The Naked Warriors: The Elite Fighting Force That Became the Navy Seals by Francis Fane and Don Moore

Book Review: The Naked Warriors: The Story of the U.S. Navy’s Frogmen

31 July 2006

Kenn Miller

I'm really beginning to appreciate the Naval Institute Press. Sure, it was Naval Institute Press that published The Hunt For Red October, and unleashed Tom Clancy on the world. I really wish they hadn't done that, since I'm jealous of Clancy's wealth, and resent his success on the grounds that he's not a veteran of military service.

Of course, the fact that I'm becoming unreasonably bigoted against everybody who profits off the efforts of America's military without ever having been a member of it should reflect against me, not Clancy, and certainly not against Naval Institute Press. Not only did they bring the greats American novel of the 20th Century, The Sand Pebbles, back into print, but Naval Institute Press is now giving us some great new special operations books – and bringing back some of the classics.

The Naked Warriors is certainly a classic. First published in 1956, it was the American public's first real look at the Underwater Demolition Teams of the U.S. Navy. The UDTs were already legendary by the time this book came out, but The Naked Warriors told the true story that gave rise to the legend in a readable, exciting, extremely accurate and detailed form. The fact that Francis Douglas Fane was a serving UDT officer when he wrote the book gave it credibility when it first hit the book stores, and still gives it credibility today. This is one of the books that helped corrupt an entire generation of us who saw service in elite units in Vietnam. Unlike Ross Carter's Those Devils In Baggy Pants, it wasn't a personal combat memoir, and it wasn't a novel, like all those books that led guys scrambling into the Marine Corps, or that book about SF-types with the hill tribes in Burma that drove War Story author Jim Morris into Special Forces. The Naked Warriors was almost as exciting as a novel, almost as involving as a personal combat memoir, but it was solid history – and so it was available in school libraries all across America. This was and still is on influential book.

Chances are, a high proportion of readers read The Naked Warriors decades ago, and don't think they have to read it again. If that's what you think you're wrong. In recent years, we've had all sorts of SEAL books, a SEAL movie or two, and a SEAL Medal of Honour recipient getting creamed in the primaries by Bill Clinton. There have been some UDT stories in some of the books – those by UDT / SEAL veterans. But for the big story on UST, you've got to go back to World War II. At the end of the war there were more than 3,000 Navy frogmen getting ready for the invasion of the Japanese homeland. Of course, back in the beginning, the early Navy frogmen weren't paratroopers, didn't have an over the beach mission, weren't using SCUBA gear except very occasionally in a few experimental units, and in the very early days, weren't even wearing fins. If you remember this much from reading The Naked Warriors, you probably also have a vague recollection that these early frogmen were some fairly bold and daring fellows, but hardly up to modern SEAL Team standards, and therefore not worth reading about again.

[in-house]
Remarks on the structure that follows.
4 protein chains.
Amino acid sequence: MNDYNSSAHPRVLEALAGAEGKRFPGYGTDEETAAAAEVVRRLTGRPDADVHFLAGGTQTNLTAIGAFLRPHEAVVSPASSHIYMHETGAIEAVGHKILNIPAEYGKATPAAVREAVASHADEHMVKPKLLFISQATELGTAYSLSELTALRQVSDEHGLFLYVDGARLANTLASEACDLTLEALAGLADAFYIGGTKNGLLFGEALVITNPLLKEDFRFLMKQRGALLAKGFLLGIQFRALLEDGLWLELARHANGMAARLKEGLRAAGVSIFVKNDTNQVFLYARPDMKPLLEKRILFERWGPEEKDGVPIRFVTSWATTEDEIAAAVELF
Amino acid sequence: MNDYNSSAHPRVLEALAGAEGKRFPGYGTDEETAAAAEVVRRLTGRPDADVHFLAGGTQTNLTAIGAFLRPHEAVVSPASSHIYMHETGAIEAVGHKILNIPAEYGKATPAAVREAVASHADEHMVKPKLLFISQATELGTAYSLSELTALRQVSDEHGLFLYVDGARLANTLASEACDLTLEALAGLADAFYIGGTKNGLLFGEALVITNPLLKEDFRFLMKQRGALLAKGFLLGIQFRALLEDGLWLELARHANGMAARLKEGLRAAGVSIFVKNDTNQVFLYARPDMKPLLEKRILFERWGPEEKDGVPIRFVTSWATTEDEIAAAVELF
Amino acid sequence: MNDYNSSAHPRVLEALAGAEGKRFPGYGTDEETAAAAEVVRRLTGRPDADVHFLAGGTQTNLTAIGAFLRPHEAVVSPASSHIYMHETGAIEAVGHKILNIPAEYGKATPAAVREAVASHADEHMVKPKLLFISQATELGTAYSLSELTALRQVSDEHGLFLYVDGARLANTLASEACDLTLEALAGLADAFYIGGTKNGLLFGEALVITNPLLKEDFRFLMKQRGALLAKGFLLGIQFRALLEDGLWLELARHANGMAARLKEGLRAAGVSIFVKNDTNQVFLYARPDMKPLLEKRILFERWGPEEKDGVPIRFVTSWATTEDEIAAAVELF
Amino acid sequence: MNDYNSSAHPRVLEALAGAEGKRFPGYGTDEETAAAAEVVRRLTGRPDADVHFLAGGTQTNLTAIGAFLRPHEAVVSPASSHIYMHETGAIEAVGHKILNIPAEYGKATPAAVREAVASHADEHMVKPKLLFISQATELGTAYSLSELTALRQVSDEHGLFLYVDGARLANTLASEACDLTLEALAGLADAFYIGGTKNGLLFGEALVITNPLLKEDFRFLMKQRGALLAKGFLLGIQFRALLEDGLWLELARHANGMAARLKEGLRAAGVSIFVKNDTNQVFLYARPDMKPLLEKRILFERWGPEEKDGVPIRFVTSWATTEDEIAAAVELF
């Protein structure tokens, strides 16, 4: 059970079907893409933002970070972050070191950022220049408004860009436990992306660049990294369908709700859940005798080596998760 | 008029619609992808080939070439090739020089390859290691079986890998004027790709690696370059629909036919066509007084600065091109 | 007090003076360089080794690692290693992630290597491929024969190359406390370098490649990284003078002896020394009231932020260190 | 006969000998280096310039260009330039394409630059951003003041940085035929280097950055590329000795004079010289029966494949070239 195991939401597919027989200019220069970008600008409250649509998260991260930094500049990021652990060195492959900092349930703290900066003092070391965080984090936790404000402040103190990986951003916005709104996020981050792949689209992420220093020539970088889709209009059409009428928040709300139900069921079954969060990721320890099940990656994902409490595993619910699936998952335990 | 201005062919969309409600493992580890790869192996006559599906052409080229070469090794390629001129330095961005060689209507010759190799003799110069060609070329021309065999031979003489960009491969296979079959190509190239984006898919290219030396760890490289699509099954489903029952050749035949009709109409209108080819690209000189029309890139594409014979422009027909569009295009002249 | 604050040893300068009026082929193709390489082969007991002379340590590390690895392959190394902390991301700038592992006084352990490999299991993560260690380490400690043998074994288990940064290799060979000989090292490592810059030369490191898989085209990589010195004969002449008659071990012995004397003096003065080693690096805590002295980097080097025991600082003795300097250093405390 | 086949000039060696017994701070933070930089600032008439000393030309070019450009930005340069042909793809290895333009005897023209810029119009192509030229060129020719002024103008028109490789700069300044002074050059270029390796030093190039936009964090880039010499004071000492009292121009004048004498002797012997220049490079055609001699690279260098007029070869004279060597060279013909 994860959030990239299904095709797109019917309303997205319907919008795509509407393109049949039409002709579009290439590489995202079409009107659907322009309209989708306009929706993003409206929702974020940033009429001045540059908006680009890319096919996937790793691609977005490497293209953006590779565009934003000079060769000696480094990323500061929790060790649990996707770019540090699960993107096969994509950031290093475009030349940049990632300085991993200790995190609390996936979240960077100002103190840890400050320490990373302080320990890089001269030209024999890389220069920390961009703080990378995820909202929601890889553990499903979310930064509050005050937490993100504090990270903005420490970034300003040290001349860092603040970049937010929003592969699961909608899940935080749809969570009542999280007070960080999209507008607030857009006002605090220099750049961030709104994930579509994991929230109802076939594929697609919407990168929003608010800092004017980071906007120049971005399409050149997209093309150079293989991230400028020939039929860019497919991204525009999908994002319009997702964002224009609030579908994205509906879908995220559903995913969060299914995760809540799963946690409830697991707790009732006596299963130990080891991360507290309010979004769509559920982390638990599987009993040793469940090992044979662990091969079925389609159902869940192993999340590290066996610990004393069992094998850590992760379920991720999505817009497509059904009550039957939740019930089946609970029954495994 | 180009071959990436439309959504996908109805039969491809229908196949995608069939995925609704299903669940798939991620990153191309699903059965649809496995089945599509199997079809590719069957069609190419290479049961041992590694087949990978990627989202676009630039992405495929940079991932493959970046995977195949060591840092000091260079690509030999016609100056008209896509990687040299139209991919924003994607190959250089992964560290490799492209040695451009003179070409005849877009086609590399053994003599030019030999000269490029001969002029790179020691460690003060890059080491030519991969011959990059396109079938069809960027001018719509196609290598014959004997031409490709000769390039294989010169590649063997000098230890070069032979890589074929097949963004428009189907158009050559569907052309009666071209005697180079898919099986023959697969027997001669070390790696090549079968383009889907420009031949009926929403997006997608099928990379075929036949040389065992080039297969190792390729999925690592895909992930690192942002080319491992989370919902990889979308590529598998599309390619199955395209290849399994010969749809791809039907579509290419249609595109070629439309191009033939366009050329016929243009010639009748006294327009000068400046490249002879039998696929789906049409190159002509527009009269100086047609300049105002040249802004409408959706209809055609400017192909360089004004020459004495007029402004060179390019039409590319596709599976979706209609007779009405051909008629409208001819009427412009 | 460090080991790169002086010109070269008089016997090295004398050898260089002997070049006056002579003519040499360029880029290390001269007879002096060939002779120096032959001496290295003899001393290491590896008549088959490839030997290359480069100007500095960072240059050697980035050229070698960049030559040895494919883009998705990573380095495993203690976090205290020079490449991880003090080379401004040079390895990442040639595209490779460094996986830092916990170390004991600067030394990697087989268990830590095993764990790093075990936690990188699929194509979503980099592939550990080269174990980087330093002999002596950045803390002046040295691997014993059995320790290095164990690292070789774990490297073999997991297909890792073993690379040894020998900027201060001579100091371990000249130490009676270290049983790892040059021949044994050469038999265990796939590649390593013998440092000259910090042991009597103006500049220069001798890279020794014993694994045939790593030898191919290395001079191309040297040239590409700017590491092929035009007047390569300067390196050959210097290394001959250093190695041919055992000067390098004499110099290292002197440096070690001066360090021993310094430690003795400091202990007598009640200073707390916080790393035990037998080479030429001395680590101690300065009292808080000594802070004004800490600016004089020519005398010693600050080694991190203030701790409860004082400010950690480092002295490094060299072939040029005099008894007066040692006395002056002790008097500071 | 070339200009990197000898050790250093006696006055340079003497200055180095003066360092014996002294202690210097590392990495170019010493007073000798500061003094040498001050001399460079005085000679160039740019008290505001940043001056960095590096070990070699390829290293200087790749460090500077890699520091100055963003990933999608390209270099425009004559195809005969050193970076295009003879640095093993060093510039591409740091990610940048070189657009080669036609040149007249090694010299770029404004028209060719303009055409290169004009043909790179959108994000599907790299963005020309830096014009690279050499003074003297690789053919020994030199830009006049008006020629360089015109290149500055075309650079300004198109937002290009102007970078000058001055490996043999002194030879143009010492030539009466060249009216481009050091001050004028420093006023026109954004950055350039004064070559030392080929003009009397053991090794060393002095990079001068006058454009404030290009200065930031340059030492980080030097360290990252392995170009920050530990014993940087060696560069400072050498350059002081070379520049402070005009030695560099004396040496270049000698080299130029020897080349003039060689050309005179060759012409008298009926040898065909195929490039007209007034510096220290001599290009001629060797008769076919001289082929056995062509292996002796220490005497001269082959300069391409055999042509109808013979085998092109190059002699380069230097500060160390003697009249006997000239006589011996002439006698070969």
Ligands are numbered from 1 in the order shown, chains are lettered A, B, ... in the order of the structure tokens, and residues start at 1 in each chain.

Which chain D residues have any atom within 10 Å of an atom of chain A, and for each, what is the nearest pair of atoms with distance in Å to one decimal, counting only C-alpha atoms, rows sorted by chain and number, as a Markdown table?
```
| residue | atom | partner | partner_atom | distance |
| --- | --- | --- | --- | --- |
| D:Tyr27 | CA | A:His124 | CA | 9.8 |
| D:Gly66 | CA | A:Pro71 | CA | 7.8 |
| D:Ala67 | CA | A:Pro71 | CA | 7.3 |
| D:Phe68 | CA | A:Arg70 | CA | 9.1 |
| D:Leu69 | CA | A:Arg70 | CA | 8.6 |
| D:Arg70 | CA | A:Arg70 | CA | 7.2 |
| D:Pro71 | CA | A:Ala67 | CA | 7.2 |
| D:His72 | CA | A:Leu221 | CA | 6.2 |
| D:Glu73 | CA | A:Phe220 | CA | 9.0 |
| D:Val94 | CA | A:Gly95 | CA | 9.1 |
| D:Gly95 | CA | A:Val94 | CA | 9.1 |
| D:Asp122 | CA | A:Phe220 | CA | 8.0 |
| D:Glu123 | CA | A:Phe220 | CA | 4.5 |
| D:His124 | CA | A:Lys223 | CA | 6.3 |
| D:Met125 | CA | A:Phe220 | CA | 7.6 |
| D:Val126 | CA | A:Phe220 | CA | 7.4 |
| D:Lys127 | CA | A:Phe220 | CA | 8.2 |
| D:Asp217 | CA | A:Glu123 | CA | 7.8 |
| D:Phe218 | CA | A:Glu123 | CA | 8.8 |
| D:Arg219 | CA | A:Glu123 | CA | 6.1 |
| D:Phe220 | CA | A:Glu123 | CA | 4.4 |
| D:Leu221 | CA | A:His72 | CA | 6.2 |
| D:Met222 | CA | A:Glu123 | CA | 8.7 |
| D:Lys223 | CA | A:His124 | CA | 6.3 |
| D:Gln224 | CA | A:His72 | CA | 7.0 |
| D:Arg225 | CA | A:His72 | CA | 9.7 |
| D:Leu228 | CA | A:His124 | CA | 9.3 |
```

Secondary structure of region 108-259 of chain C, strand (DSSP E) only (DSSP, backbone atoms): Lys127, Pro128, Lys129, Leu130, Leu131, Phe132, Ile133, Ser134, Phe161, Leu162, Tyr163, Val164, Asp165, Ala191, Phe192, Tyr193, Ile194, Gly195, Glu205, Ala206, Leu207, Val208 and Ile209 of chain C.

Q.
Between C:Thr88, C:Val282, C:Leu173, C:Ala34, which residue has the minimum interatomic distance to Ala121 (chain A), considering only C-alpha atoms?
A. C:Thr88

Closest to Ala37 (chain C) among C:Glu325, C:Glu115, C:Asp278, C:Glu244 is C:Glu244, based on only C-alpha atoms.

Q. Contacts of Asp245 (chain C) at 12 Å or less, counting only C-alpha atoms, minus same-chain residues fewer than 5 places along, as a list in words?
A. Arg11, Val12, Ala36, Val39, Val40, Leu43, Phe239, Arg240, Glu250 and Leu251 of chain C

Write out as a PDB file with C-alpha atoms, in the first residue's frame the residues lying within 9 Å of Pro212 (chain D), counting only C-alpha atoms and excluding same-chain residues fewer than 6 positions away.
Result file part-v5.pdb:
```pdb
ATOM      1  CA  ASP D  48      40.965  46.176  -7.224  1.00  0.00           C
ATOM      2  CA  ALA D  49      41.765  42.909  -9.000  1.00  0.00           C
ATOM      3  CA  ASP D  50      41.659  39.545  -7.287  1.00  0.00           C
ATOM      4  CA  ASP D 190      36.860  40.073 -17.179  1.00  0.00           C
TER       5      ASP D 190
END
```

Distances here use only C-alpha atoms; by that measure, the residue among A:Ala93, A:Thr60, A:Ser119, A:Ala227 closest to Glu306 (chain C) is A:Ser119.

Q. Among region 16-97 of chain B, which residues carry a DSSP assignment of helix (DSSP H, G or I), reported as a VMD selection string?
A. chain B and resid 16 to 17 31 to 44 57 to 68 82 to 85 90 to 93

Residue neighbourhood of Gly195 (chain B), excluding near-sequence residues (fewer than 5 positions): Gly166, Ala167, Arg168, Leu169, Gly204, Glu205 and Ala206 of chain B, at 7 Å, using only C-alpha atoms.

You'd be wrong. These old time frogmen were easily the equal of the toughest SEALs around today. They might not have been as sophisticated, or as widely schooled, but they were just as tough, just as brave, just as independent, arrogant, and at least as inventive as the best of today's Naval special warfare warriors. Sir Issac Newton, or somebody about as smart, once said that "if he could see further than most men, it was only because he was standing on the shoulders of giants." Well, these old time NCDI and UDT frogmen are some of the tallest giants today's spec ops forces have to stand on, and their story is well worth reading. And The Naked Warriors doesn't stop with the end of World War II. This is one of the few books that tell the story of UDT operations during the Korean conflict, and the post-war development of a full underwater capability. If you never read this book in your youthful days, this is your chance to read it at last.

The Naked Warriors isn't just worth reading again – it is worth spending a little money to own. If we don't support Naval Institute Press by buying their books (even if we have to make our local bookstores order them specially), then sooner or later, economic realities will force them to stop publishing new special operations books, and cease re-publishing a lot of the old military classics, like The Naked Warriors. Naval Institute Press is rendering an important service to our national culture by preserving our military history and by bringing many of the old classics back into print. These books are keepers, and you ought to buy every on e Naval Institute Press brings out. You can't keep them otherwise.

The Naked Warriors is available from (affiliate link)

This article was originally published in Behind The Lines magazine. has reproduced this article with the kind permission of Gary Linderer.

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